This blog is dedicated to the sublime instruments called nose flutes and which produce the most divine sound ever. We have chosen to discard all the native models from S. Pacific and Asia, for they need fingering to be played. We'll concentrate on "buccal cavity driven" nose flutes : the well patented and trademarked metal or plastic ones, plus, by a condemnable indulgence, some wooden craft or home-made productions.

Jul 13, 2016

Back on the restored Humanatone

Now that we have restored that vintage Humanatone (see here), let's take a look at it.

Well, the nose flute itself shows no particularity. It's a classic tin Humanatone, with the (half) pear shape flaps (which I think to be the latest version), and very light and barely readable stampings, that I believe to be rather early. So — I may be wrong – I would date it from the early 1920s or even a bit before.

In comparison, here are what I call strong and visible stampings (from the 30s?):

But what is interesting is the box itself. I had seen no such box before this catch, although I have got two samples of soft boxes that show similarities... Before to reshape and reglue the box, I cared to make a scan.

The first one is from an early Humanatone. This box is rather different that today's one: the volume is not the same, the 'brick' is less flat. The drawings and typographics are simpler. More, the nose flute is different: it was an earlier version, with rectangular flaps, the rounded air cover, the mention "other patents pending" and the name 'Humanatone' in between the two words 'Trade' and 'Mark'.

The other one is very similar to today's box, almost identical. The nose flute itself is a carbon copy of the one I just restored: same flaps, same stampings, same everythings.

So, the instruments and the boxes are very similar, and should date of the same period of time, and later than the simpler thick box, which is probably from the 1910s. But besides the difference of color, there are some interesting details that differ. Now, when I remount the parts of the red box as the restored one:

Every single details are similar, shape, size, typographics, drawings, texts... excepted for five of them. Three are of no specific interest…

1.- The color (the red box is printed 'negatively')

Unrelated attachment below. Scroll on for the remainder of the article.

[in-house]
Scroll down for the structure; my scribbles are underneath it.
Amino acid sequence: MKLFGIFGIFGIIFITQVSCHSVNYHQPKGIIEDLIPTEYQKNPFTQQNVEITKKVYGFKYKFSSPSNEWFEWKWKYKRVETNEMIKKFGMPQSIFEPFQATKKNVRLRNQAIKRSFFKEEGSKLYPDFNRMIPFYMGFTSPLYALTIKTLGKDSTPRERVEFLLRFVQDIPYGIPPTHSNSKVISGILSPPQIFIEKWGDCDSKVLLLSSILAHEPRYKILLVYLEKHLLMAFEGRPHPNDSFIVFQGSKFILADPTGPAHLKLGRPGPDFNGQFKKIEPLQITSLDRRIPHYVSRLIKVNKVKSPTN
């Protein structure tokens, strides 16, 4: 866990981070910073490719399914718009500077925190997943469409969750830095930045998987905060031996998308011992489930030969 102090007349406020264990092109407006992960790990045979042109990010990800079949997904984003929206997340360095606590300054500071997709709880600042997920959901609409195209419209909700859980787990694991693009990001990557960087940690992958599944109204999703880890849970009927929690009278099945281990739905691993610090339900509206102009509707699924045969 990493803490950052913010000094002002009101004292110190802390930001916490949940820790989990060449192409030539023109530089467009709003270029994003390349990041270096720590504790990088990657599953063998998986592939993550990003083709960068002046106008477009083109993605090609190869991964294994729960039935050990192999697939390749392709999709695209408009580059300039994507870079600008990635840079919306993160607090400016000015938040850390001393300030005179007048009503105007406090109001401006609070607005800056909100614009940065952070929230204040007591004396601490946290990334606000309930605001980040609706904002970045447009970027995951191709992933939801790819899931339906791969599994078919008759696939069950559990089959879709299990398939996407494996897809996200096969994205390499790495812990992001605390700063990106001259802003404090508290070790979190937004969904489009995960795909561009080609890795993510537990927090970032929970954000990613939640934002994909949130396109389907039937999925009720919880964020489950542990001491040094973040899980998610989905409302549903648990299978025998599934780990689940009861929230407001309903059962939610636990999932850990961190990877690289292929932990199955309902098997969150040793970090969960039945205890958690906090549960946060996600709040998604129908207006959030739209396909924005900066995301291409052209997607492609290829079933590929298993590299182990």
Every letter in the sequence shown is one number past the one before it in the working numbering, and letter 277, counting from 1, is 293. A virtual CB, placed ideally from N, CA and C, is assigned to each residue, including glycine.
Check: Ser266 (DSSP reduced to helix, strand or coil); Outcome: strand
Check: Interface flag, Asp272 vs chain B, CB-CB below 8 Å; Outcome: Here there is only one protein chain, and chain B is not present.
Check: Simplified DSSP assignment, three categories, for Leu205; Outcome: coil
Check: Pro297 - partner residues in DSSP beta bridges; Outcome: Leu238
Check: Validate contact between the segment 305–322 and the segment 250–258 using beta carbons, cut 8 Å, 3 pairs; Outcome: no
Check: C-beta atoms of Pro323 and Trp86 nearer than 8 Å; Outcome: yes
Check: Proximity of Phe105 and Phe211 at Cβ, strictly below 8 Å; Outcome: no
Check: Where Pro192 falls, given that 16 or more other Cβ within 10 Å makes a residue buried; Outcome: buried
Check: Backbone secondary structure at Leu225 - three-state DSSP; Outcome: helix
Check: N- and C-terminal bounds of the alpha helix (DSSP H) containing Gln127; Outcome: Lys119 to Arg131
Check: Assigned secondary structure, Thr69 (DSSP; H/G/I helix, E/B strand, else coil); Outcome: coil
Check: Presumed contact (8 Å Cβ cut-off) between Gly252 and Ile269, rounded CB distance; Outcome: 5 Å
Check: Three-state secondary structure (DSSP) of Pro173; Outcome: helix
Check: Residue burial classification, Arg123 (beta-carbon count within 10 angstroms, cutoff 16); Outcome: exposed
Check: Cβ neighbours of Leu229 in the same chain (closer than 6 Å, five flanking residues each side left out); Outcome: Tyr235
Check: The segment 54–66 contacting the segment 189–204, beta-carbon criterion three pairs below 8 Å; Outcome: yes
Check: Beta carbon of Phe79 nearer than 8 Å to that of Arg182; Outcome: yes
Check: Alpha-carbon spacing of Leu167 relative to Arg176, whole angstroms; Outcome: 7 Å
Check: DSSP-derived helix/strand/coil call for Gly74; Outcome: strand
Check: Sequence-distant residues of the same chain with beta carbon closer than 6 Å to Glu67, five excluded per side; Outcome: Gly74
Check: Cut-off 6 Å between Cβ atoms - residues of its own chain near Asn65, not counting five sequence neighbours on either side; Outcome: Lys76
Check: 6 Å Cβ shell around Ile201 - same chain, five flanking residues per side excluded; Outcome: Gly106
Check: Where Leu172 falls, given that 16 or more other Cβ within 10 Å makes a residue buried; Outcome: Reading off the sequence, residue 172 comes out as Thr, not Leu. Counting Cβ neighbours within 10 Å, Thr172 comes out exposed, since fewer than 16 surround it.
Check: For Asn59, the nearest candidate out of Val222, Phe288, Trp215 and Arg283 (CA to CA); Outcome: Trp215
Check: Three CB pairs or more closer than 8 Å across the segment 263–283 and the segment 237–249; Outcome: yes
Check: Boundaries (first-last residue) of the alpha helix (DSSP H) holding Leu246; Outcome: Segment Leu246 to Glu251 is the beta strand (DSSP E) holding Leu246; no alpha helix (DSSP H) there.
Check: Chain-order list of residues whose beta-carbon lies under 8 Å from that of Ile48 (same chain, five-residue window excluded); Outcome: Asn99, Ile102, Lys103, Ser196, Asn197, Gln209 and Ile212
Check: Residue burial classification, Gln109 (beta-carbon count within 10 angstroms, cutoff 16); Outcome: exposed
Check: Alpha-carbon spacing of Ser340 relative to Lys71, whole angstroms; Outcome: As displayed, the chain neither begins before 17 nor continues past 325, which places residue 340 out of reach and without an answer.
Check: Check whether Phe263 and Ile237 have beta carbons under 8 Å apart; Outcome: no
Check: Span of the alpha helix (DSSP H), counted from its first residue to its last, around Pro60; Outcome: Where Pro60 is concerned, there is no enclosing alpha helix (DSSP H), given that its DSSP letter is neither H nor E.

2.- The typographics of the mention "Open on this end" on the lateral flaps
3.- The not printed stripes on the flaps (helpful for the printer?)

… but the two others bring more fun:

4.- The restored box relates to an 'Improved O" model, while the red one is for a "Style O"

Well... what can be an improvement on the restored flute? It is probably the pear-shaped flaps and maybe the marked plane of the air cover (I do not see any other possibilities). But the flute from the red box also has the same feature. Indeed, I suppose that the model became "Improved O" at the beginning of the use of pear flaps, then the denomination came back to the simple "Style O", like it was before on earlier models. It's like the "new taste" or "new formula" mentions on food or cosmetic products: they disappear after a while, when the novelty has become normal and regular.
If I'm right, the fancy red one is later than the ecru one. So should be the nose flutes themselves, but anyway, the instruments are strictly identical.

Last difference:

5.- The small logo printed on one flap of the restored box

I found some info about the Bogota Folding Paper Box Co. Bogota is a New Jersey city, and it seems that it was specialized in paper industry.

Excerpt of the Industrial Directory of New Jersey - 1918:

Unfortunately, the 'Bogota Folding Paper Box Co.' mention appears in the city directories from 1902 to 1922 and we are not much helped in dating this Humanatone. Well, at least, we know it was made prior 1922.

Last info (from this site): « All of Bogota’s paper mills had one feature we would be proud of today. The major “furnish” (the raw material from which the new paper product was made) was waste paper materials. Perhaps the rest of the country did not take recycling seriously until the 1990′s but in Bogota we were serious about recycling in the 1890′s. »

Indeed, our box looks made of recycled paper, but not the red one (which doesn't wear the B.F.P.B. Co. logo)


  1. Ohhh, I LOVE this post.
    Best pictures ever!

    1. Cool! I love when the visitors are satisfied with my work! ;)